COLORADO — A proposal making November's general election ballot aims to supply Coloradans with more options for affordable housing.
The group Make Colorado Affordable sent in over 200,000 signatures to the Colorado Secretary of State's office on Friday to qualify for the election.
If passed by voters, Initiative 108 would create a fund for affordable housing using 0.01% of the state's income tax revenue, bringing in about $270 million per year. Organizers of the initiative said that money could build 170,000 homes and rental units across the state in the next 20 years.
Melissa Hall, a Colorado Springs resident, said she had experienced homelessness with five of her children. Now, an advocate with groups like the Chinook Center in Colorado Springs, Hall is fighting for affordable housing for others.
"We're in a housing crisis," she said. "I think most of us see someone or some person that is affected by it every day."
Initiative 108 focuses on providing housing to people making a household income at or below 60% of the area's median income. The median rent in Colorado Springs is around $1,500 while Denver is charging a median rent of around $1,700.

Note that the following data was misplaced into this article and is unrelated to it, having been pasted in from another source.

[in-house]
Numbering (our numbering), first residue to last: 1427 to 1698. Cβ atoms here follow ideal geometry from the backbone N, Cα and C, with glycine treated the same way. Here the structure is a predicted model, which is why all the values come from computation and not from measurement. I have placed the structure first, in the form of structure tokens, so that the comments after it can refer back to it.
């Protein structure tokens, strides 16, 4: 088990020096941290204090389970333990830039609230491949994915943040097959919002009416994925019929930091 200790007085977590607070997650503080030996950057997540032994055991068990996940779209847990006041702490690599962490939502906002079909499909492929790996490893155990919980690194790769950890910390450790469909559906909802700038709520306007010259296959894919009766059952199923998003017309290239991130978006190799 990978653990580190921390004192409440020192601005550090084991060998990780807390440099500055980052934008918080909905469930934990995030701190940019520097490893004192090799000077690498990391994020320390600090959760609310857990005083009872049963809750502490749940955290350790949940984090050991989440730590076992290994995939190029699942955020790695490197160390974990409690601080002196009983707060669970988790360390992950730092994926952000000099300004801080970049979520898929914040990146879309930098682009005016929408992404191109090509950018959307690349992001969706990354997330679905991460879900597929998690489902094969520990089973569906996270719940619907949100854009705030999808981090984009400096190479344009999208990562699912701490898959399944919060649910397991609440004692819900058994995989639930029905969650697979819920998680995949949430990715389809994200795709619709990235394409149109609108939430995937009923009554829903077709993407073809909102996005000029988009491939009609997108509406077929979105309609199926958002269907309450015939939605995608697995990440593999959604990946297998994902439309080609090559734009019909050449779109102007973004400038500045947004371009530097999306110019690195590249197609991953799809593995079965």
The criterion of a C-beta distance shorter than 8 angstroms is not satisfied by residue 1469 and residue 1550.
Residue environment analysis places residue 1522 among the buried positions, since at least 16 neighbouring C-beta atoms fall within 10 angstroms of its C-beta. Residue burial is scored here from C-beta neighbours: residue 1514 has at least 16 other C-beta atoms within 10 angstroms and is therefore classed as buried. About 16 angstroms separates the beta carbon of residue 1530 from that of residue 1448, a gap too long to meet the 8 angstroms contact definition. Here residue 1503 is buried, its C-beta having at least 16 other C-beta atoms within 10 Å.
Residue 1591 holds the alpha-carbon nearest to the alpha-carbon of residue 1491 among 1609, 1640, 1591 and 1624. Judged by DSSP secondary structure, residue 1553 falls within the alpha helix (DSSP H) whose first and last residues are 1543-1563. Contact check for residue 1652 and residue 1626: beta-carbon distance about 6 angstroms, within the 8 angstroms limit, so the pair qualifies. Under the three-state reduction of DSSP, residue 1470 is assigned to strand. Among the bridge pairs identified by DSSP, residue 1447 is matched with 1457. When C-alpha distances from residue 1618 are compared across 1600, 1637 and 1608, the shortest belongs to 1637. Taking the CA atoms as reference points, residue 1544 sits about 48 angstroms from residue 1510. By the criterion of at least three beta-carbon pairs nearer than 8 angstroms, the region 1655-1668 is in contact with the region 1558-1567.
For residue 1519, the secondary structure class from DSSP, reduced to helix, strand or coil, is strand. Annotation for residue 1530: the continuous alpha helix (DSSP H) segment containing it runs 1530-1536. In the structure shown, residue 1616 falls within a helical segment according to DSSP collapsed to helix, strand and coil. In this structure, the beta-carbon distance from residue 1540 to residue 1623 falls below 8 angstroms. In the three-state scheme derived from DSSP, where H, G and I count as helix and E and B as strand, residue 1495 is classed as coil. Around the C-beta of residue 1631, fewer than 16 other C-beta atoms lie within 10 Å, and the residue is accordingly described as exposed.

Taxpayers will see a reduction in their TABOR refund check if the initiative is passed, revealing pushback from some, including former state representative and writer of The Taxpayer's Bill of Rights legislation, Douglas Bruce.
"It would be crazy for the taxpayers to vote to give up their own money. They shouldn't have this on the ballot. It should lose in a landslide," he said.
However, the department of community development for Colorado Springs said the funds would help the city keep up with the construction of affordable homes to meet the demand of the growing population.
"Colorado Springs is experiencing a boom in much-needed multi-family development that includes more than 1,000 new affordable apartments each year," said Steve Posey, community development manager. "This year, 22% of all new multi-family development across the city is affordable to households making 80% or less of area median income. Passage of Initiative 108 would help offset increased construction costs and support the current pace of bringing new units into the inventory."
The decision will ultimately be up to voters during Colorado's general election on Nov. 8.
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